Bringing together ten utopian works that mark important points in the history and an evolution in social and political philosophies, this book not only reflects on the texts and their political philosophy and implications, but also, their architecture and how that architecture informs the political philosophy or social agenda that the author intended. Each of the ten authors expressed their theory through concepts of community and utopian architecture, but each featured an architectural solution at the centre of their social and political philosophy, as none of the cities were ever built, they have remained as utopian literature. Some of the works examined are very well-known, such as Tommaso Campanella’s Civitas Solis, while others such as Joseph Michael Gandy’s Designs for Cottages, are relatively obscure. However, even with the best known works, this volume offers new insights by focusing on the architecture of the cities and how that architecture represents the author’s political philosophy. It reconstructs the cities through a 3-D computer program, ArchiCAD, using Artlantis to render. Plans, sections, elevations and perspectives are presented for each of the cities. The ten cities are: Filarete - Sforzina; Albrecht DÃ¼rer - Fortified Utopia; Tommaso Campanella - The City of the Sun; Johann Valentin Andreae - Christianopolis; Joseph Michael Gandy - An Agricultural Village; Robert Owen - Villages of Unity and Cooperation; James Silk Buckingham - Victoria; Robert Pemberton - Queen Victoria Town; King Camp Gillette - Metropolis; and Bradford Peck - The World a Department Store. Each chapter considers the work in conjunction with contemporary thought, the political philosophy and the reconstruction of the city. Although these ten cities represent over 500 years of utopian and political thought, they are an interlinked thread that had been drawn from literature of the past and informed by contemporary thought and society. The book is structured in two parts:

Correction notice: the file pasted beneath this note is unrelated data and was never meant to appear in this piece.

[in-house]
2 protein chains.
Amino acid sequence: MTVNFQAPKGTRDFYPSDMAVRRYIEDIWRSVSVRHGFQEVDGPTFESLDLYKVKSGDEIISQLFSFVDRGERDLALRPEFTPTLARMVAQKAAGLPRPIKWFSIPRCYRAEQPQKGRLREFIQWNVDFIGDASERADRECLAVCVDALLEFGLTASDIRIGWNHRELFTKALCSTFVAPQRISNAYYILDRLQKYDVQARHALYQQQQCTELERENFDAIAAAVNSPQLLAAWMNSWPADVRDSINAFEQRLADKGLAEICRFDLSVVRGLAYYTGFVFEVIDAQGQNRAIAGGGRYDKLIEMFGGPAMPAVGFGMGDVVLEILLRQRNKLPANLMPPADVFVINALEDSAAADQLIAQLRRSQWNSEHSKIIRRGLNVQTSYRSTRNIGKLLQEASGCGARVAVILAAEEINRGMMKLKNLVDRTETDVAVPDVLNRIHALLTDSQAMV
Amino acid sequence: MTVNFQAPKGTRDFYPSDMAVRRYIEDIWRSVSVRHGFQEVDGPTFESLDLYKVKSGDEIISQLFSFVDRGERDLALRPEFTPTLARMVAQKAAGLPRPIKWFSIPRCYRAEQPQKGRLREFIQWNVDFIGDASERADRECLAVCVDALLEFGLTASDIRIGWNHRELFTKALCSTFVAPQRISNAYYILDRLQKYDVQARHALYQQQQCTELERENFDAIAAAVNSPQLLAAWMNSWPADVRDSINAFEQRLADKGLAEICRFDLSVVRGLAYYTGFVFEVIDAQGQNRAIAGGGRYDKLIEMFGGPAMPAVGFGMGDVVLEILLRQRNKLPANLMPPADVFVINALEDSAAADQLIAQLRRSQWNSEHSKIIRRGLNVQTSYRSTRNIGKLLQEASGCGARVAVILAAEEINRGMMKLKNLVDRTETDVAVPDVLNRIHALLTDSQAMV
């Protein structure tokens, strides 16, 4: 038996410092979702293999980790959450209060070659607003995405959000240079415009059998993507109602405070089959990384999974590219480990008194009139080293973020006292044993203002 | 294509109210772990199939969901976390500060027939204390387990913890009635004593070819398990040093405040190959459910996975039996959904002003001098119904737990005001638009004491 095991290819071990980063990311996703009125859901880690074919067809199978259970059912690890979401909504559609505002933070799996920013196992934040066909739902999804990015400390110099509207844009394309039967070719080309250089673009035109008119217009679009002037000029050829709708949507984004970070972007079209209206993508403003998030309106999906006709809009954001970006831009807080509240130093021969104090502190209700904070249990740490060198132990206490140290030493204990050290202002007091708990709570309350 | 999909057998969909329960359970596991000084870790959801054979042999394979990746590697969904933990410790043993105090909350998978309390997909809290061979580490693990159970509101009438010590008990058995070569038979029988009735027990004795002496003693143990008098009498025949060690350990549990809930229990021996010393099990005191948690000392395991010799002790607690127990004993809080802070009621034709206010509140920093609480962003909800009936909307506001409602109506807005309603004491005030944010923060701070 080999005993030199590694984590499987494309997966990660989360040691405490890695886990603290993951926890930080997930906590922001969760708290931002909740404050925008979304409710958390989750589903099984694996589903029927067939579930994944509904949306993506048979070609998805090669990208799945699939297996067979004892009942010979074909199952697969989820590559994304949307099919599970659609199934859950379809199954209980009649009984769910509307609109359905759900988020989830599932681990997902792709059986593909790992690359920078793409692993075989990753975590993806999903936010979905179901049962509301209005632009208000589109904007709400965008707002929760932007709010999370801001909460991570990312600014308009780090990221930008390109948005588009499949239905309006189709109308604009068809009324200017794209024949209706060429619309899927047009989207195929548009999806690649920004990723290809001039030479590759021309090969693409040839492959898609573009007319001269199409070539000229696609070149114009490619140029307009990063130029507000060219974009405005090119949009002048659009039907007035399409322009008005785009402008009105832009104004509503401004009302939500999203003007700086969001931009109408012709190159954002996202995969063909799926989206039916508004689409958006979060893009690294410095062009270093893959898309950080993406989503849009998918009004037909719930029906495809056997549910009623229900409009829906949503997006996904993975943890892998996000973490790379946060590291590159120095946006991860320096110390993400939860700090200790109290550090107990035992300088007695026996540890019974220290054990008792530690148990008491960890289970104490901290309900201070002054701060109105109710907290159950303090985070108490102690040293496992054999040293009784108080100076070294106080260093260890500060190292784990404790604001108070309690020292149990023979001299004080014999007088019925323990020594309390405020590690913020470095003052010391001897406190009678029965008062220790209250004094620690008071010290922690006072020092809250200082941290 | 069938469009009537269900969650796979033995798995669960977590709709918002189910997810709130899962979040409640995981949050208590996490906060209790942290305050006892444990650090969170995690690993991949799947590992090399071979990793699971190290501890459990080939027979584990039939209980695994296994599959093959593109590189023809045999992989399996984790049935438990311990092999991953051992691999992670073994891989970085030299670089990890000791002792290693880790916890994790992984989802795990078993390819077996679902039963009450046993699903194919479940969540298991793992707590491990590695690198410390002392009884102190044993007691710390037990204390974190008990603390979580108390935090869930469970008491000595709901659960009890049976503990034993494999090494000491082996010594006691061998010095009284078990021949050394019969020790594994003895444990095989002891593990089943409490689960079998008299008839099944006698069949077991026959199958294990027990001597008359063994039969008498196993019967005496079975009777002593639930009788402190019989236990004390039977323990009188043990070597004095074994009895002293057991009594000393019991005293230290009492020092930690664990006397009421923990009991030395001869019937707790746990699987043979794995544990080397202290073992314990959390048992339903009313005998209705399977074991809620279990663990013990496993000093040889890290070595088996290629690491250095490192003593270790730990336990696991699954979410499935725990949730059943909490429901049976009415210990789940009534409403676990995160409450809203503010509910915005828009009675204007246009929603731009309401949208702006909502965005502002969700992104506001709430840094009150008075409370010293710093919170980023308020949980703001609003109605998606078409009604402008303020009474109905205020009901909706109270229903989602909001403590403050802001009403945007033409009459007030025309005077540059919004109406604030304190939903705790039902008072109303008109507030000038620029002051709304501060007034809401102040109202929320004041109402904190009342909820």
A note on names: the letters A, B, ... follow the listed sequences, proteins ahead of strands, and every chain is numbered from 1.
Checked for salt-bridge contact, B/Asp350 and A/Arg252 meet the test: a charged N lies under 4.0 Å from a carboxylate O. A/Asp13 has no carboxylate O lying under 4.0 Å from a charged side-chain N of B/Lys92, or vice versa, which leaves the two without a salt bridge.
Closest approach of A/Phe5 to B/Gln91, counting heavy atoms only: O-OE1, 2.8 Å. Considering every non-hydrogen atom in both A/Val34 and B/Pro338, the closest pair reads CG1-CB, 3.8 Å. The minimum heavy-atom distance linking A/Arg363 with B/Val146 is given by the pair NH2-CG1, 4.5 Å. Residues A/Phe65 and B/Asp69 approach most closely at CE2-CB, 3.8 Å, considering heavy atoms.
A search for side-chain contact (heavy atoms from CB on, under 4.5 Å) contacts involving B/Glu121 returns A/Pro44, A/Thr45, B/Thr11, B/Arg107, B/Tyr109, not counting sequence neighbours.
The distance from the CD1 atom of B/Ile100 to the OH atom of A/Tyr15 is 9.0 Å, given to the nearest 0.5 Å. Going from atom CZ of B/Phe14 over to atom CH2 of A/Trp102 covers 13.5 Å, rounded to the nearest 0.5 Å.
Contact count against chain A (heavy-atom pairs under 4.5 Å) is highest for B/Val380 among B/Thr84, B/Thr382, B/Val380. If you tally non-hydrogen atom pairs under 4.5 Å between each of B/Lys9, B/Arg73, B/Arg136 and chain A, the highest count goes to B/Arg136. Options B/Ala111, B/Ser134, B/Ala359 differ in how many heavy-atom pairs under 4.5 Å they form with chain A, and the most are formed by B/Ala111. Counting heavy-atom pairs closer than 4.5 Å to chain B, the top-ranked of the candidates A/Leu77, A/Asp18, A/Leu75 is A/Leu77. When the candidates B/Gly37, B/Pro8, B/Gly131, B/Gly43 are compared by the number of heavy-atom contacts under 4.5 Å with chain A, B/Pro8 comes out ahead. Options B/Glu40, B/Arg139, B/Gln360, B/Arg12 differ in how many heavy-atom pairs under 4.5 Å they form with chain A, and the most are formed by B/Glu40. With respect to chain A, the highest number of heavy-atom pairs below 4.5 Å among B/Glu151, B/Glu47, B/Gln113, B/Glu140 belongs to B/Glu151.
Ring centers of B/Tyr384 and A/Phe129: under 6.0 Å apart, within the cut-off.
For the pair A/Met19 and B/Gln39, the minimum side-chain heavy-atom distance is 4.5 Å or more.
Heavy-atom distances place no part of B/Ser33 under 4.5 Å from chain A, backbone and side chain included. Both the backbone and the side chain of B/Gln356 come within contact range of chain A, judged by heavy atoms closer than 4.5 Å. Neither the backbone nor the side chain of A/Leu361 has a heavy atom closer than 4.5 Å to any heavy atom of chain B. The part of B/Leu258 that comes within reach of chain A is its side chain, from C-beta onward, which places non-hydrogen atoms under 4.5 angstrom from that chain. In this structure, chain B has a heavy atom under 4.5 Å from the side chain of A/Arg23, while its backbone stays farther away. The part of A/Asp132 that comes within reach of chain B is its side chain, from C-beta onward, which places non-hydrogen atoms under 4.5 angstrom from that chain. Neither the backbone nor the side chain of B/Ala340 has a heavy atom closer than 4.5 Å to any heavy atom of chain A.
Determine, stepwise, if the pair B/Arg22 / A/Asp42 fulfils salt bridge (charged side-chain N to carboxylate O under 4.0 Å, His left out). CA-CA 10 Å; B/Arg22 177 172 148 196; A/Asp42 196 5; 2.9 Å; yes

Dr Tessa Morrison is a senior lecturer at the University of Newcastle, Australia. Her research is multi-disciplinary and incorporates philosophy, mathematics, and the history of architecture along with 3-D computer graphical analysis. She has continued to develop a reputation in the area of architectural history and has a sustained and long term research program with international outputs. Over the last few years she has specialised in seventeenth and eighteenth century studies in architectural history and the history of ideas, including a translation and commentary of Isaac Newton’s reconstruction manuscript on Solomon’s Temple published in Isaac Newton’s Temple of Solomon and his Reconstruction of Sacred Architecture. Her current research is on architects and cities from sixteenth to the nineteenth century that have never been built but have had significant influence through the centuries.
’The subject of unbuilt utopian cities is fascinating. While built cities may survive for centuries, they are vulnerable to decay and destruction through natural forces, or, in our increasingly dystopian global society, through war and terrorism. Unbuilt, they hover endlessly between the potential and the actual. Tessa Morrison’s approach is both scholarly and accessible. The illustrations are illuminating, and the historical context for the evolution of the ideas is explained. This challenges the reader to consider the utopian plans from the perspective of their creators, who were imagining the future, rather than analysing them with the benefit of hindsight.’ Lorna Davidson, Director, New Lanark Trust and Hon. Secretary of the Utopian Studies Society (Europe)